An Important Defense of English Supporters of the French Revolution Mackintosh, Sir James [1765-1832]. Vindiciae Gallicae: Defence of the French Revolution and Its English Admirers, Against the Accusations of the Right Hon. Edmund Burke; Including Some Strictures on the Late Productions of Mons. de Calonne. London: Printed for G.G.J. And J. Robinson, 1791. [iv], 351,  pp Octavo (8" x 5"). Recent marbled boards, calf lettering piece to spine, endpapers renewed. Moderate toning to text, light foxing to a few leaves, light soiling to tile page, small chip to its lower corner. $250. * Second edition, published the same year as the first edition. A reply to Burke's Reflections on the Revolution in France (1791) by the great Scottish jurist, Whig politician and historian. Three editions were speedily sold, and the publisher liberally gave Mackintosh 'several times' the sum of ?30, originally stipulated. Burke had been answered with much power by Thomas Paine. Mackintosh's reply, however, taking a less radical ground, and showing much literary and philosophical culture, was the most effective defense of the position of the Whig sympathizers with the revolution. It was partly translated into French by the Duke of Orleans" (DNB). A fourth edition was published in 1792. Dublin and Philadelphia issues, both without edition statements, were published in 1791 and 1792, respectively. Dictionary of National Biography XII:618. English Short-Title Catalogue T50908.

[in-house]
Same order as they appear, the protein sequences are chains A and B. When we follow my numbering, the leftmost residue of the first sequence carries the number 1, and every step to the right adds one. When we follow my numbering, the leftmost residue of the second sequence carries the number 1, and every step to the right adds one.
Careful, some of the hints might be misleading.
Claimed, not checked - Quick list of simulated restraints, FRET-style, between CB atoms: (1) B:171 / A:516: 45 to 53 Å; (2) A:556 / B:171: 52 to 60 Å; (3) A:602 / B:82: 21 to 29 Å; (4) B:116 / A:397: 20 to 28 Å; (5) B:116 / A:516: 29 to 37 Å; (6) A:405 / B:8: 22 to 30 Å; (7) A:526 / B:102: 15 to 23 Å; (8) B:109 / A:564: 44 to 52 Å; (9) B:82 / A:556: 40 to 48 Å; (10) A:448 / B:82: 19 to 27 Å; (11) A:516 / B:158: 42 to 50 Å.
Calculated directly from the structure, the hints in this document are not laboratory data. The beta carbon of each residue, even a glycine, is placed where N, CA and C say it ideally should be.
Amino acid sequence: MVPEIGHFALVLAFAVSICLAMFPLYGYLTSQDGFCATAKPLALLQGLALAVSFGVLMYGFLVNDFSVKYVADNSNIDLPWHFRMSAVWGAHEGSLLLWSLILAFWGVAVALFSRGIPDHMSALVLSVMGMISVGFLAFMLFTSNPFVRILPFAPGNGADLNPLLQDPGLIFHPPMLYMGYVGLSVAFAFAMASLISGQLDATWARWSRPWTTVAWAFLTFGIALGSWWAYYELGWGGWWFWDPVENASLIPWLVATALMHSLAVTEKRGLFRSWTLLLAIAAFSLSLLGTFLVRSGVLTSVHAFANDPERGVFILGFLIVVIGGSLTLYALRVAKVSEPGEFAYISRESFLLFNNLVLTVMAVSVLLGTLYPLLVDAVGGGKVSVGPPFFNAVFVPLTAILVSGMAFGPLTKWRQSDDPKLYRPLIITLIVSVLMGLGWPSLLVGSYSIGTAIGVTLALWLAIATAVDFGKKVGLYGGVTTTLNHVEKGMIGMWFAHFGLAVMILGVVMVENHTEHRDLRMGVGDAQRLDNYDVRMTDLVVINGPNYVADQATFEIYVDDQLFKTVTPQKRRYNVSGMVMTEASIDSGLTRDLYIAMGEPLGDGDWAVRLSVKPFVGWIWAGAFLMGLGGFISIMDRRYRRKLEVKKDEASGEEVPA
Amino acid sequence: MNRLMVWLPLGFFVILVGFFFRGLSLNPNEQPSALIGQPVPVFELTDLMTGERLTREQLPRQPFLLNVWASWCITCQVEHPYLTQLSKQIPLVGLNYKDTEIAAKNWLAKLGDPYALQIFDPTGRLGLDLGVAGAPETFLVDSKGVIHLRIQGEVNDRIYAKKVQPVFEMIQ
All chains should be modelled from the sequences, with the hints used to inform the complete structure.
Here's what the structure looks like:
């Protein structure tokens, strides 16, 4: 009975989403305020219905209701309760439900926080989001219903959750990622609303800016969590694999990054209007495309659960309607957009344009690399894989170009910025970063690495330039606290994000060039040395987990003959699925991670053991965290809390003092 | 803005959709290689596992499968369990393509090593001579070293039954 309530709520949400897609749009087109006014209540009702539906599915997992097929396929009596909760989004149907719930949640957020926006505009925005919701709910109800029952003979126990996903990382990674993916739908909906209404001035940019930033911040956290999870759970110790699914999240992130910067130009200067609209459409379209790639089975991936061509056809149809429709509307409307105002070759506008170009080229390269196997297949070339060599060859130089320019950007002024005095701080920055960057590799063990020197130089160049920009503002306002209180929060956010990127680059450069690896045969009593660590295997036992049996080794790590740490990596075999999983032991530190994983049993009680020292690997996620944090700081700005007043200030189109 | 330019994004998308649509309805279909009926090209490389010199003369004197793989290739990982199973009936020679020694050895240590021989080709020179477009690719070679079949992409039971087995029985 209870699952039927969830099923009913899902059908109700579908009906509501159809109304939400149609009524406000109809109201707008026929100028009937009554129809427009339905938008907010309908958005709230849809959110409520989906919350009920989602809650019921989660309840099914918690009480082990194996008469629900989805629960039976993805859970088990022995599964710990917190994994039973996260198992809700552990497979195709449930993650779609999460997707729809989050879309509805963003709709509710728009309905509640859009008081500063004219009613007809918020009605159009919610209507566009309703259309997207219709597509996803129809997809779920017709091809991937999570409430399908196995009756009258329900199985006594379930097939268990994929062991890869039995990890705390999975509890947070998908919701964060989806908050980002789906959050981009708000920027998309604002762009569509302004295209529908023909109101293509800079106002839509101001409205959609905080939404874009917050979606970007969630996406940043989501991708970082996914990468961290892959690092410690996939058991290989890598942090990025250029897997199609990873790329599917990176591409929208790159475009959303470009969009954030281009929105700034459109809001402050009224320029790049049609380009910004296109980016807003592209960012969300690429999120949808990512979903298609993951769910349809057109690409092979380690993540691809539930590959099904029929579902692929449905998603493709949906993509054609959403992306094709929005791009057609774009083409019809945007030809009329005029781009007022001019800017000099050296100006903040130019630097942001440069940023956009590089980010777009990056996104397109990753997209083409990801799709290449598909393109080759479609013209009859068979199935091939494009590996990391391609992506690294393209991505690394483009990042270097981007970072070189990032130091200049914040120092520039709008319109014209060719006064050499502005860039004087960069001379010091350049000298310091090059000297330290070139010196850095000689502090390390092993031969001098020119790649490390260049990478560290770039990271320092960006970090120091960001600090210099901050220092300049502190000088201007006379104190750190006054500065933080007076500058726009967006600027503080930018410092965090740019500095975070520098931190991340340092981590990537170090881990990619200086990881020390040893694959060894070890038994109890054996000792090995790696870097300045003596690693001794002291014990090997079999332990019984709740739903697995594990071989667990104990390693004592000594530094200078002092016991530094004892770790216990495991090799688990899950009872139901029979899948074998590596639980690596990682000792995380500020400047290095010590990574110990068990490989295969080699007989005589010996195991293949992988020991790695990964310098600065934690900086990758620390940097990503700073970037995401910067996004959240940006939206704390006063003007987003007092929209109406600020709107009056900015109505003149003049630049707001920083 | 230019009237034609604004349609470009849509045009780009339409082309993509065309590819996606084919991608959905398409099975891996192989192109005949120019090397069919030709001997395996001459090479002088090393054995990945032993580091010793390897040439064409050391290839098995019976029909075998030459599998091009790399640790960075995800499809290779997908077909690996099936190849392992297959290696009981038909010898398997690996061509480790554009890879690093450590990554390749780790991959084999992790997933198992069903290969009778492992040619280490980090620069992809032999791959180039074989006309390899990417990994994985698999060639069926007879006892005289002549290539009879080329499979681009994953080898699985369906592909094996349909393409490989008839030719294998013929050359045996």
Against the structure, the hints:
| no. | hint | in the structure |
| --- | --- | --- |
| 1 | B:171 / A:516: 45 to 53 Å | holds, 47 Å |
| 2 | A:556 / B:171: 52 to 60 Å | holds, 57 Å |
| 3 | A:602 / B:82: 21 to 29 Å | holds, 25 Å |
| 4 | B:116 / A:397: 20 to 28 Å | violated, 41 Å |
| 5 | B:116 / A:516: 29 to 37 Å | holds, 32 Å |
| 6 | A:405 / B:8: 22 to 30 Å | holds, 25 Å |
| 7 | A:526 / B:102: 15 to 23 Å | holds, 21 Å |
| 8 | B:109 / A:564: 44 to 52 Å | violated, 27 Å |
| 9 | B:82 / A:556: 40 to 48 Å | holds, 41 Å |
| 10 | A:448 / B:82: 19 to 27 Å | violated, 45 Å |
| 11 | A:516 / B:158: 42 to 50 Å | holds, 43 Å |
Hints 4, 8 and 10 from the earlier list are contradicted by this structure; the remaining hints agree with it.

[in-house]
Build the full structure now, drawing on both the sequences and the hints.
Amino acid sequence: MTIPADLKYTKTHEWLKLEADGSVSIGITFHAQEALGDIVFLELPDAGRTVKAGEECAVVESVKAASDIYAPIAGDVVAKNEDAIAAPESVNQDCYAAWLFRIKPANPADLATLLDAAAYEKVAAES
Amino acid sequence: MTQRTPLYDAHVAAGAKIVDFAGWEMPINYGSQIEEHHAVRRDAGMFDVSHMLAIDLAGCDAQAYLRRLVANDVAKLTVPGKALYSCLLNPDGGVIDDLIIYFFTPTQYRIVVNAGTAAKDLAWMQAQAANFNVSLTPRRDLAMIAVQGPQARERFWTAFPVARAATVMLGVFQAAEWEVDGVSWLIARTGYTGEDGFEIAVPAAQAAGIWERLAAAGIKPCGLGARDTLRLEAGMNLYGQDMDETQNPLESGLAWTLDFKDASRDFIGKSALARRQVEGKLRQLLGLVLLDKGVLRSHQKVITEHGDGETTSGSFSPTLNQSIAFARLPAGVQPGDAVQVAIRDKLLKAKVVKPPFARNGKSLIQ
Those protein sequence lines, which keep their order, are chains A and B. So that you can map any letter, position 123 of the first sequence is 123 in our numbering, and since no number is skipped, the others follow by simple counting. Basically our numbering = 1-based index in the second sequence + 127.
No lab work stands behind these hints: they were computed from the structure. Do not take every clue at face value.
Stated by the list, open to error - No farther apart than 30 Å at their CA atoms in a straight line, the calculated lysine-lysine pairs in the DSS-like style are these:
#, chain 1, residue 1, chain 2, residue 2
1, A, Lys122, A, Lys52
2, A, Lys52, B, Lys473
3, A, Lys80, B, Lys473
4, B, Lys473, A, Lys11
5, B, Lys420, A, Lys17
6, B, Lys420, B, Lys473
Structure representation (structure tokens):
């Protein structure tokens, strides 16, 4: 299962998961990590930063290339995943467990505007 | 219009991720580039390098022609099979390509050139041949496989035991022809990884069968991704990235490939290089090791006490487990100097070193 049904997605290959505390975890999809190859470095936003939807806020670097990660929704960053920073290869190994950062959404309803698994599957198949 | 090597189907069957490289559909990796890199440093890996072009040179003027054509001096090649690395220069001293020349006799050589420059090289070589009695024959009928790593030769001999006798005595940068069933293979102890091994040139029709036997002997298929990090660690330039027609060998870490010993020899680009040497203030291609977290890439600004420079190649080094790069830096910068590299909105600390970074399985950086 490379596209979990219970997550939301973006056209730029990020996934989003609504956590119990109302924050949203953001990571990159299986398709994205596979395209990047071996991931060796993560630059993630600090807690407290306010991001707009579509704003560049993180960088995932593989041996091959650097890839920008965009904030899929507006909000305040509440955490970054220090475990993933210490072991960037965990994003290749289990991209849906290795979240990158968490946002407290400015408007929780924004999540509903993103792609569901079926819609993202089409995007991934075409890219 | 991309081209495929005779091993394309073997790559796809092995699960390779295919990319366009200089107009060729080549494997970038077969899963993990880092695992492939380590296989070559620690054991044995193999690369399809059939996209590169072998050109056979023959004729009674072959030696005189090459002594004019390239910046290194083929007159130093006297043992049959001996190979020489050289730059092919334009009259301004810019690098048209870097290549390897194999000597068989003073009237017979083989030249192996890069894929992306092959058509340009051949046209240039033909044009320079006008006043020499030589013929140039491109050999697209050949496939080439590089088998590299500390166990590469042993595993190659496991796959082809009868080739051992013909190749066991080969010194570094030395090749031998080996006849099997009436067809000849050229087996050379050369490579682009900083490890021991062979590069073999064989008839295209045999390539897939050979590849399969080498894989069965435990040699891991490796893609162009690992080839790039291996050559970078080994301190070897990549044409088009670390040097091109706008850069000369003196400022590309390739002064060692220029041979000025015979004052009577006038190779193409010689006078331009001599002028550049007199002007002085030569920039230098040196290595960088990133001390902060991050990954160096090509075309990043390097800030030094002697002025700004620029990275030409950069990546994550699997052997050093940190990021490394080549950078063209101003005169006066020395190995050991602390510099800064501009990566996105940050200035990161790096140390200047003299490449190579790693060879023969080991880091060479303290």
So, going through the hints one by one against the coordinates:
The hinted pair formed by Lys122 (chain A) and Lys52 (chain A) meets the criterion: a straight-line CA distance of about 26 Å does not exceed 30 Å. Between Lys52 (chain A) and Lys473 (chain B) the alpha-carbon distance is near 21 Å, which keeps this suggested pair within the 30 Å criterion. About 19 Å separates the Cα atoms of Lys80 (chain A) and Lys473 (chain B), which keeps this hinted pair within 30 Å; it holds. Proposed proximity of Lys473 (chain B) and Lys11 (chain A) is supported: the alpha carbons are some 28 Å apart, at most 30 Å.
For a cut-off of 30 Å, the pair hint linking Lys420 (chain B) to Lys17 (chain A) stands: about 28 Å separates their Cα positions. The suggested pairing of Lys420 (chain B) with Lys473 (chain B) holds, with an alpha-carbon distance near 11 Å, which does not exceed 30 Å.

Book number 67130